Tuesday, March 8, 2011
Federal authorities are seeing an increase in the number of foreclosed and unoccupied homes in metro Atlanta being seized by members of an anti-government group.
"I'm not sure I can connect it with the economy, but we've seen a surge of these in the last year, in particular," Stephen Emmett, special agent in the Atlanta field office of the FBI, said Saturday. Emmet said federal and local authorities increasingly are running into confrontations with members of a sect known as "sovereign citizens."
"They're expanding throughout the Metro Atlanta area," Emmett said. "DeKalb has had their fair share of problems with them and now Clayton."
On Friday, Clayton County SWAT was called to a foreclosed home near Riverdale where a couple had been living illegally. SWAT members surrounded the house after getting reports the people inside had threatened violece against anyone who approached the house. Gideon Israel and his wife, Deborah, had been living illegally in the bank-owned, gray stucco house on Stimson way near Riverdale in the northwest part of Clayton County for a while and had submitted reams of fraudulent paperwork to county officials to try to block the eviction, according to Major Jeff Mitchell, who heads the enforcement division for the Clayton County Sheriff's Office.
But with the continued unrest in Libya and the upheaval all over the Middle East, oil prices are on the rise again and experts are warning that Americans may start paying dearly at the pump. How dearly? If you thought the nearly $4/gallon of gas from 2008 was a drag, The Huffington Post reports that those days may soon feel like a picnic.
One of Wall Street's most prominent energy analysts, Oppenheimer & Co.'s Fadel Gheit, said this week that people are not fully getting the picture.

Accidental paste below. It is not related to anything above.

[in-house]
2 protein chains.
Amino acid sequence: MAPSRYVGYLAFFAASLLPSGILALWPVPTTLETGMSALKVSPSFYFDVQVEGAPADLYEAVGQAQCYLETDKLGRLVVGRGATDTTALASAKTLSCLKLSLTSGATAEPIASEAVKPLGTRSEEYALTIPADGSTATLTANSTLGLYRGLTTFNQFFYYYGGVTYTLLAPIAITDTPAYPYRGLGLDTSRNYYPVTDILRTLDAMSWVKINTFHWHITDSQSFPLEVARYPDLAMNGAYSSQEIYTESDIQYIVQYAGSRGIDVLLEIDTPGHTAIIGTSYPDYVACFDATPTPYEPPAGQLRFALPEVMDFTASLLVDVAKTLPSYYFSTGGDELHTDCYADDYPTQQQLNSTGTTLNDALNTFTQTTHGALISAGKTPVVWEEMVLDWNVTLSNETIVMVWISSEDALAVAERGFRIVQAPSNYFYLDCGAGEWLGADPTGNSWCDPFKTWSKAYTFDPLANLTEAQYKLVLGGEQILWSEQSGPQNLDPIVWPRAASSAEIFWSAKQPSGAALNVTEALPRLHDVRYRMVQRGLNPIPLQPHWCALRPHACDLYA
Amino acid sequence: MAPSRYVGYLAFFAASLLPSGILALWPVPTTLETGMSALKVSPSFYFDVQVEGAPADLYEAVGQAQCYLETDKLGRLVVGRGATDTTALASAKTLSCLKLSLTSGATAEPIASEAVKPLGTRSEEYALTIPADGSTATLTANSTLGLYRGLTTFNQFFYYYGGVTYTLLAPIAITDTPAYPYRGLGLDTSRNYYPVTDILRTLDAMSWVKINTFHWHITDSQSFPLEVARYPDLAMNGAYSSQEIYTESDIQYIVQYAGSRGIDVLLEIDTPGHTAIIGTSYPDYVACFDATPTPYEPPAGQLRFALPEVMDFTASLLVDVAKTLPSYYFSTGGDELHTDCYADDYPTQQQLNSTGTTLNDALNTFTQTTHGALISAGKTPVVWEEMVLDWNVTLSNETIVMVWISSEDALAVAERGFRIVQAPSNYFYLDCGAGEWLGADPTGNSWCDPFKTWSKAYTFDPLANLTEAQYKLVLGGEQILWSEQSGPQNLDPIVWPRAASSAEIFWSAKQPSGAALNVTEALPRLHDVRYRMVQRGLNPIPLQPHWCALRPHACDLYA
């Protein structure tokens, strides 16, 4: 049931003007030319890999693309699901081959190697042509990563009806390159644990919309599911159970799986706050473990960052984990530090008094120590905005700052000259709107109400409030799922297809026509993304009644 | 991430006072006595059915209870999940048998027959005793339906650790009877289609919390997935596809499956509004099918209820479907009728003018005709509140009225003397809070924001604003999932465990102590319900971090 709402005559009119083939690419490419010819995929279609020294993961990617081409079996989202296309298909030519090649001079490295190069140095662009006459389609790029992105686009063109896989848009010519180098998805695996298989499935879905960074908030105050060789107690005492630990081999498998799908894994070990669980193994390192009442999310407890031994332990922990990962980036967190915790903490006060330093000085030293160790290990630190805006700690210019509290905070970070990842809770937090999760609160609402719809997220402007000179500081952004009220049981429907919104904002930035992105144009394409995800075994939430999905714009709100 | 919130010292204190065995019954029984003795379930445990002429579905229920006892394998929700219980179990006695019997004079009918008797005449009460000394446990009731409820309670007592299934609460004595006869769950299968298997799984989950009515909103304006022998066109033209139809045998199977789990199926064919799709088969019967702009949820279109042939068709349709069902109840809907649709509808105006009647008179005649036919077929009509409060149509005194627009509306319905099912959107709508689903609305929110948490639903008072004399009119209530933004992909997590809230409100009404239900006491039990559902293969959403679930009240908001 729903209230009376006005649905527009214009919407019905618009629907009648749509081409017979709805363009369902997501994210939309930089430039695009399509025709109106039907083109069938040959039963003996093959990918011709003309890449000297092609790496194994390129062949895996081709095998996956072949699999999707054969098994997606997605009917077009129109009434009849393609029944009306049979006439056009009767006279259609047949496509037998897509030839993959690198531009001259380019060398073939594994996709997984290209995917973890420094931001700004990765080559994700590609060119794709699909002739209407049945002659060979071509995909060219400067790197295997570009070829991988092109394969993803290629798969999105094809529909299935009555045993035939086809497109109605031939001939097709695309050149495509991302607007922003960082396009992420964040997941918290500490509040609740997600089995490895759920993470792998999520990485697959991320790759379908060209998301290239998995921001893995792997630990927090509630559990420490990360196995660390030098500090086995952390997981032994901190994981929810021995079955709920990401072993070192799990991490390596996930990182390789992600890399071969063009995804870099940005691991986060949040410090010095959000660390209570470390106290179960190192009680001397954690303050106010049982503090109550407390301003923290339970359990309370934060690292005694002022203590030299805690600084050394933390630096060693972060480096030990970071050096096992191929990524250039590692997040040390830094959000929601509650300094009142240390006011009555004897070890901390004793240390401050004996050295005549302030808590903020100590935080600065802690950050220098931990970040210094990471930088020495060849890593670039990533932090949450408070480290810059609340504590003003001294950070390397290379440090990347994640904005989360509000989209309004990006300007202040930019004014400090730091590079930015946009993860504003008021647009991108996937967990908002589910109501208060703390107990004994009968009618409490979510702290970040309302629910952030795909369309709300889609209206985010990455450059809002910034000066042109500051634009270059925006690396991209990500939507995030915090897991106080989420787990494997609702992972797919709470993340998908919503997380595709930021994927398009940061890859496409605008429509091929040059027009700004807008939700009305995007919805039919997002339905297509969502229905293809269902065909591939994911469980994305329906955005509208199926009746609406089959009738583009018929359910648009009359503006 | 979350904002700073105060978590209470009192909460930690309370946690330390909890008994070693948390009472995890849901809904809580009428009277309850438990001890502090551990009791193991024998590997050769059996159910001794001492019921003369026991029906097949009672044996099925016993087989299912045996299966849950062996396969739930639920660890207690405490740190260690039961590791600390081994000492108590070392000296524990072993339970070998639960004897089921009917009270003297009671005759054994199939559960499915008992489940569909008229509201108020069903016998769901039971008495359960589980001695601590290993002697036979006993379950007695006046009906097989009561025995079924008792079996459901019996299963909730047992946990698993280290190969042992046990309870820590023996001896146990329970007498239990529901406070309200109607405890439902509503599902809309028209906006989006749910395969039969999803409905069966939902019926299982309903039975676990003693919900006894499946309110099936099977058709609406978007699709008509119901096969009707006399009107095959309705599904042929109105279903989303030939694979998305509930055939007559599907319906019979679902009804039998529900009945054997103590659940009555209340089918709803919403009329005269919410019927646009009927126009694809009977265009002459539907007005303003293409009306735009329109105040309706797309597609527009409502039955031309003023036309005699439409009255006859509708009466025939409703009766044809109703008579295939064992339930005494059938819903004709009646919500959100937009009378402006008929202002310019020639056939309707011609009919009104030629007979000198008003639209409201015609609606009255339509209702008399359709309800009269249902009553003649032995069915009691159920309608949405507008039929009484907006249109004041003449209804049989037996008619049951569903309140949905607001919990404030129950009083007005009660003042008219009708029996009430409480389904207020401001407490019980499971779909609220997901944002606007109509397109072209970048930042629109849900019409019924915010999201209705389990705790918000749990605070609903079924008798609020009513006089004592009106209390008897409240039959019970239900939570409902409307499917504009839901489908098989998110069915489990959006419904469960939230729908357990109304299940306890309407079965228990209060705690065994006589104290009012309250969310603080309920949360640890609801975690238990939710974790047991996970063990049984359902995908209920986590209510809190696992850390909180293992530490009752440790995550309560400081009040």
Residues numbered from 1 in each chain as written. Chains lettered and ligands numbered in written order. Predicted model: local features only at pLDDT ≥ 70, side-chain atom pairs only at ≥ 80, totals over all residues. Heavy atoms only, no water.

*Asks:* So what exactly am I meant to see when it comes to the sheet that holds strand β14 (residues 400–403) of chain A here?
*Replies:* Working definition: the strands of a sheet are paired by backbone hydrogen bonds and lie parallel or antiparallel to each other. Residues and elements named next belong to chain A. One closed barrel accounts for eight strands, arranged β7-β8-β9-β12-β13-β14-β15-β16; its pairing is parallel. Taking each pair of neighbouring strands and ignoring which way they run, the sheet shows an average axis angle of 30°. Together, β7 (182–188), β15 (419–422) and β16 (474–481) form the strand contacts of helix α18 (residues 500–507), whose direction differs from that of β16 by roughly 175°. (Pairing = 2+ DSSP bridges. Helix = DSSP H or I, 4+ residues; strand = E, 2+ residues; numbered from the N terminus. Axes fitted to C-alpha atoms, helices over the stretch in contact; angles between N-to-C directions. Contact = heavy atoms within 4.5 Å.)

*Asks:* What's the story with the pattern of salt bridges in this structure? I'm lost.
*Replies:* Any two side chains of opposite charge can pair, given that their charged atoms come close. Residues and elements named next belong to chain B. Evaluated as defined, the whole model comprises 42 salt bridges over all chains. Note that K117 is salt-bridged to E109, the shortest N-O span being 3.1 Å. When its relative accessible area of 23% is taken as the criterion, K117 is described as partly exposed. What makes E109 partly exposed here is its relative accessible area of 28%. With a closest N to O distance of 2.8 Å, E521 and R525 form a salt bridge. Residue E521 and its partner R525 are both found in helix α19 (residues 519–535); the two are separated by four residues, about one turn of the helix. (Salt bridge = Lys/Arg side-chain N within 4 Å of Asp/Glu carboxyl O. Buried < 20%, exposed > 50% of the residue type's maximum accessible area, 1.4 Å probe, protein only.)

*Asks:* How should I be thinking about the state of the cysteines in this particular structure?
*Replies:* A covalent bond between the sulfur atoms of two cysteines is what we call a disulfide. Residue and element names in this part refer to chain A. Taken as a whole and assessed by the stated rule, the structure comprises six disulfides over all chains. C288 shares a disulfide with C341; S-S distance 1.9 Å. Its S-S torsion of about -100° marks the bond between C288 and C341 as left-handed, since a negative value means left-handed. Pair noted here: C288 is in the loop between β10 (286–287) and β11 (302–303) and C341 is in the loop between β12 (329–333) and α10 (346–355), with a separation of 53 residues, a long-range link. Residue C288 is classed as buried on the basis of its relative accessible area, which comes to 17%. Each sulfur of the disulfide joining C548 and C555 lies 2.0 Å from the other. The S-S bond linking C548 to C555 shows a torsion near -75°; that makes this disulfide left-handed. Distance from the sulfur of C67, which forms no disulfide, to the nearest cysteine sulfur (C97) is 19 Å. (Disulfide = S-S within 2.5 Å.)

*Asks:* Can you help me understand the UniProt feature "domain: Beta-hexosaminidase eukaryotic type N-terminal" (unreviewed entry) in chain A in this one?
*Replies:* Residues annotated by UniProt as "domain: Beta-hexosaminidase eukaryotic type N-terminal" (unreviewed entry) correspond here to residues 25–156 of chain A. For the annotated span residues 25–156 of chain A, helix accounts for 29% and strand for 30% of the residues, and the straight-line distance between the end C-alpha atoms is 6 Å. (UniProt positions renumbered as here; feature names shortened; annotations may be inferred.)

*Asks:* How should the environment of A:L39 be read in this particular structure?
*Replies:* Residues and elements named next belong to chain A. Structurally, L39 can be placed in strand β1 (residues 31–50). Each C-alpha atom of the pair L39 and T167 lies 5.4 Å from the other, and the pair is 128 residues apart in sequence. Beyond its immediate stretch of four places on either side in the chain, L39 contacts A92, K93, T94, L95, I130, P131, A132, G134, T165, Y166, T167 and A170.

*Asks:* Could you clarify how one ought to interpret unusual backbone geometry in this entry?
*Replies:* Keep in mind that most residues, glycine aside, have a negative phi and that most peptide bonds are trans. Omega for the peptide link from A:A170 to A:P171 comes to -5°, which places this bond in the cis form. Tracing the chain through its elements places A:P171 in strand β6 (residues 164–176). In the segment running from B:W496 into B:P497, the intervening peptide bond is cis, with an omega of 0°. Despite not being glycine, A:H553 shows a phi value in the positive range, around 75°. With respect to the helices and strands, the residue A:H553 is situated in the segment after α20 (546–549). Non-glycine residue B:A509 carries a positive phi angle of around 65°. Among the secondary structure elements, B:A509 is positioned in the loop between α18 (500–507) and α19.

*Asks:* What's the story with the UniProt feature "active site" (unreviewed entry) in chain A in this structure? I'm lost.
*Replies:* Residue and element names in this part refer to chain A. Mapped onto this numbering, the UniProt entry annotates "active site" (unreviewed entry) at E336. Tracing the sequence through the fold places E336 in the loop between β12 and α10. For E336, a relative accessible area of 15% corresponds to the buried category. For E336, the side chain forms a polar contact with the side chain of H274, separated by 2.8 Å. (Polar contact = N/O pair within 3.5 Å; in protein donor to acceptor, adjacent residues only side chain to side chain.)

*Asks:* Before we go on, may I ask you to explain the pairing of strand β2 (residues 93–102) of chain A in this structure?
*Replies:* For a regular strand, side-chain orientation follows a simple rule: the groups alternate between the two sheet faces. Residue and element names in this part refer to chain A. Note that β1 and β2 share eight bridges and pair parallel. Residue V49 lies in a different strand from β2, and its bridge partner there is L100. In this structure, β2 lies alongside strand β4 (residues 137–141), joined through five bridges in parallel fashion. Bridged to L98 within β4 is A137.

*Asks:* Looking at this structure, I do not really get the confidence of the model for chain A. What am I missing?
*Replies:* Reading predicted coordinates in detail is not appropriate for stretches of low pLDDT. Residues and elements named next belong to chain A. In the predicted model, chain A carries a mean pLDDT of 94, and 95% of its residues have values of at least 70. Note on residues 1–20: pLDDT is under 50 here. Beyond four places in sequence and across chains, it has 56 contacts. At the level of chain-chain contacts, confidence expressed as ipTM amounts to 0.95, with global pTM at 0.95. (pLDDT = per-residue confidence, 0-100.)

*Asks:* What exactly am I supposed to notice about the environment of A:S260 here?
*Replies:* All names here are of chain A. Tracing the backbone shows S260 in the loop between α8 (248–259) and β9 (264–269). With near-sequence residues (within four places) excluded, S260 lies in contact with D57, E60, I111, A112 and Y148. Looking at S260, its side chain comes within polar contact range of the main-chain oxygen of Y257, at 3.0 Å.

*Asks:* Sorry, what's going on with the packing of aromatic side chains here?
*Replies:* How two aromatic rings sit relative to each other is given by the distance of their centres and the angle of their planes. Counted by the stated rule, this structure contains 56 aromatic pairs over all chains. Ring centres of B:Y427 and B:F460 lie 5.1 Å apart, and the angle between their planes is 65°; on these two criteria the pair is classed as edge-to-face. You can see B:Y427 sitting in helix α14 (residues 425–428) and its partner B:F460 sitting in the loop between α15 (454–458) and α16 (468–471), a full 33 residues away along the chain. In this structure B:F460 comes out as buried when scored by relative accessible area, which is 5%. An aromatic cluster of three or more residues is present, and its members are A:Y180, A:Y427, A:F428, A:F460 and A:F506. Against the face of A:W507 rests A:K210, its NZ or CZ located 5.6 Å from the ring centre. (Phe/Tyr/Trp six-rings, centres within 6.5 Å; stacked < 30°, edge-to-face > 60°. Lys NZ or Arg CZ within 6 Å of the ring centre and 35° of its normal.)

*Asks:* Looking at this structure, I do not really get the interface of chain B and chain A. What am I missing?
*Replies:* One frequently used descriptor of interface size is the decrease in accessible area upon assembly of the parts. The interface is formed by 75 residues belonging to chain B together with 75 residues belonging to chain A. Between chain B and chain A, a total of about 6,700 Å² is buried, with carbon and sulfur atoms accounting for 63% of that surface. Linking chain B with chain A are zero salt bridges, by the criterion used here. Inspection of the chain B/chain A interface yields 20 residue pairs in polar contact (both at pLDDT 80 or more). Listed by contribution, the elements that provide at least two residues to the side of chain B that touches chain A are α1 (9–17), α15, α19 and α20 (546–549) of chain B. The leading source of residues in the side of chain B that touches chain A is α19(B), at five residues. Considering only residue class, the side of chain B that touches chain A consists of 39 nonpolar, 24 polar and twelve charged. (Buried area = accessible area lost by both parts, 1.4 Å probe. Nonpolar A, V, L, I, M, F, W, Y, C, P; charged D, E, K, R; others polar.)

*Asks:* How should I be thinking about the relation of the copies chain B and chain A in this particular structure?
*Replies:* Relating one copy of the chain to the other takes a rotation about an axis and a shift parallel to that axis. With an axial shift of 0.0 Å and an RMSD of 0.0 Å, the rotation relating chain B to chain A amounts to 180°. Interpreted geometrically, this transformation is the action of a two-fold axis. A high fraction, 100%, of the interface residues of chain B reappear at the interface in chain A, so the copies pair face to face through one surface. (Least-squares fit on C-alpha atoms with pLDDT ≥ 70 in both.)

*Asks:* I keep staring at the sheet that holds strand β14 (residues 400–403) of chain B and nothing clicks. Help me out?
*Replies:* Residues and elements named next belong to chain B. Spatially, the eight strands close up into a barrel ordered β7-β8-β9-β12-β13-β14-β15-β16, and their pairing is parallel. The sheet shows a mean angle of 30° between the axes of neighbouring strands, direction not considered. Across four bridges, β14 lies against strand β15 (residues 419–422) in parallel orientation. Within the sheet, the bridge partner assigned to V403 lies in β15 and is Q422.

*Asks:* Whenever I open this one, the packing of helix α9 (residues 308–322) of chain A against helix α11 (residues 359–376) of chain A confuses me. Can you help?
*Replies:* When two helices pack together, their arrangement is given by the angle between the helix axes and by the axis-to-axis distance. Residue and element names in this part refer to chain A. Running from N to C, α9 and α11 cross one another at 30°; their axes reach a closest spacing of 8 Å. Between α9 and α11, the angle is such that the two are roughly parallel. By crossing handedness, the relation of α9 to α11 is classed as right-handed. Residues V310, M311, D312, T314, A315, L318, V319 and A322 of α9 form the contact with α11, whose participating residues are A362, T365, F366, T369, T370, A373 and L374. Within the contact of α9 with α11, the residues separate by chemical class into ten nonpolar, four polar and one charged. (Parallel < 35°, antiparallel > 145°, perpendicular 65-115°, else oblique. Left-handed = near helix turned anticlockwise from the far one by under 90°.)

"There is no cure for what's going on," he said, explaining that the political upheaval in such oil-producing countries as Saudi Arabia, Kuwait, Oman, the United Arab Emirates, Qatar and Iran could lead to, yes, $7 a gallon gas.
Those six countries produced about 21.2 million barrels of oil a day amounting to 27 percent of global oil supply. If political uprisings continue and lead to likely oil disruptions and higher crude prices, we might see the highest prices we’ve ever seen at the pump.
The domino effect could also jeopardize the fragile economic recovery if currently booming stock prices take a tumble due to fears of cut backs as a result of a gas shock. Until Thursday’s rally, that effect already seemed to be in place, as the Dow Jones stock index slid 322 points in the week’s first three sessions.
Prices for a barrel of oil reached their peak in July 2008 at $147.27, and while they’re now just under $100/barrel, experts say they’re headed to $100-$130.
The average gallon of gas is around $3.17 now, expected to climb to $3.50 by spring and possibly as high as $4.25 a gallon by July 4. And if things go haywire in Saudi Arabia, forget about it, $7 a gallon may be the low end of things.
Will you drive if gas is $7 a gallon?
Highway Robbery: When are we going to work up the
balls to say, “ENOUGH”?
These oil companies are NOT Robin Hoods.
Hoods, yes, but robbing, not Robin.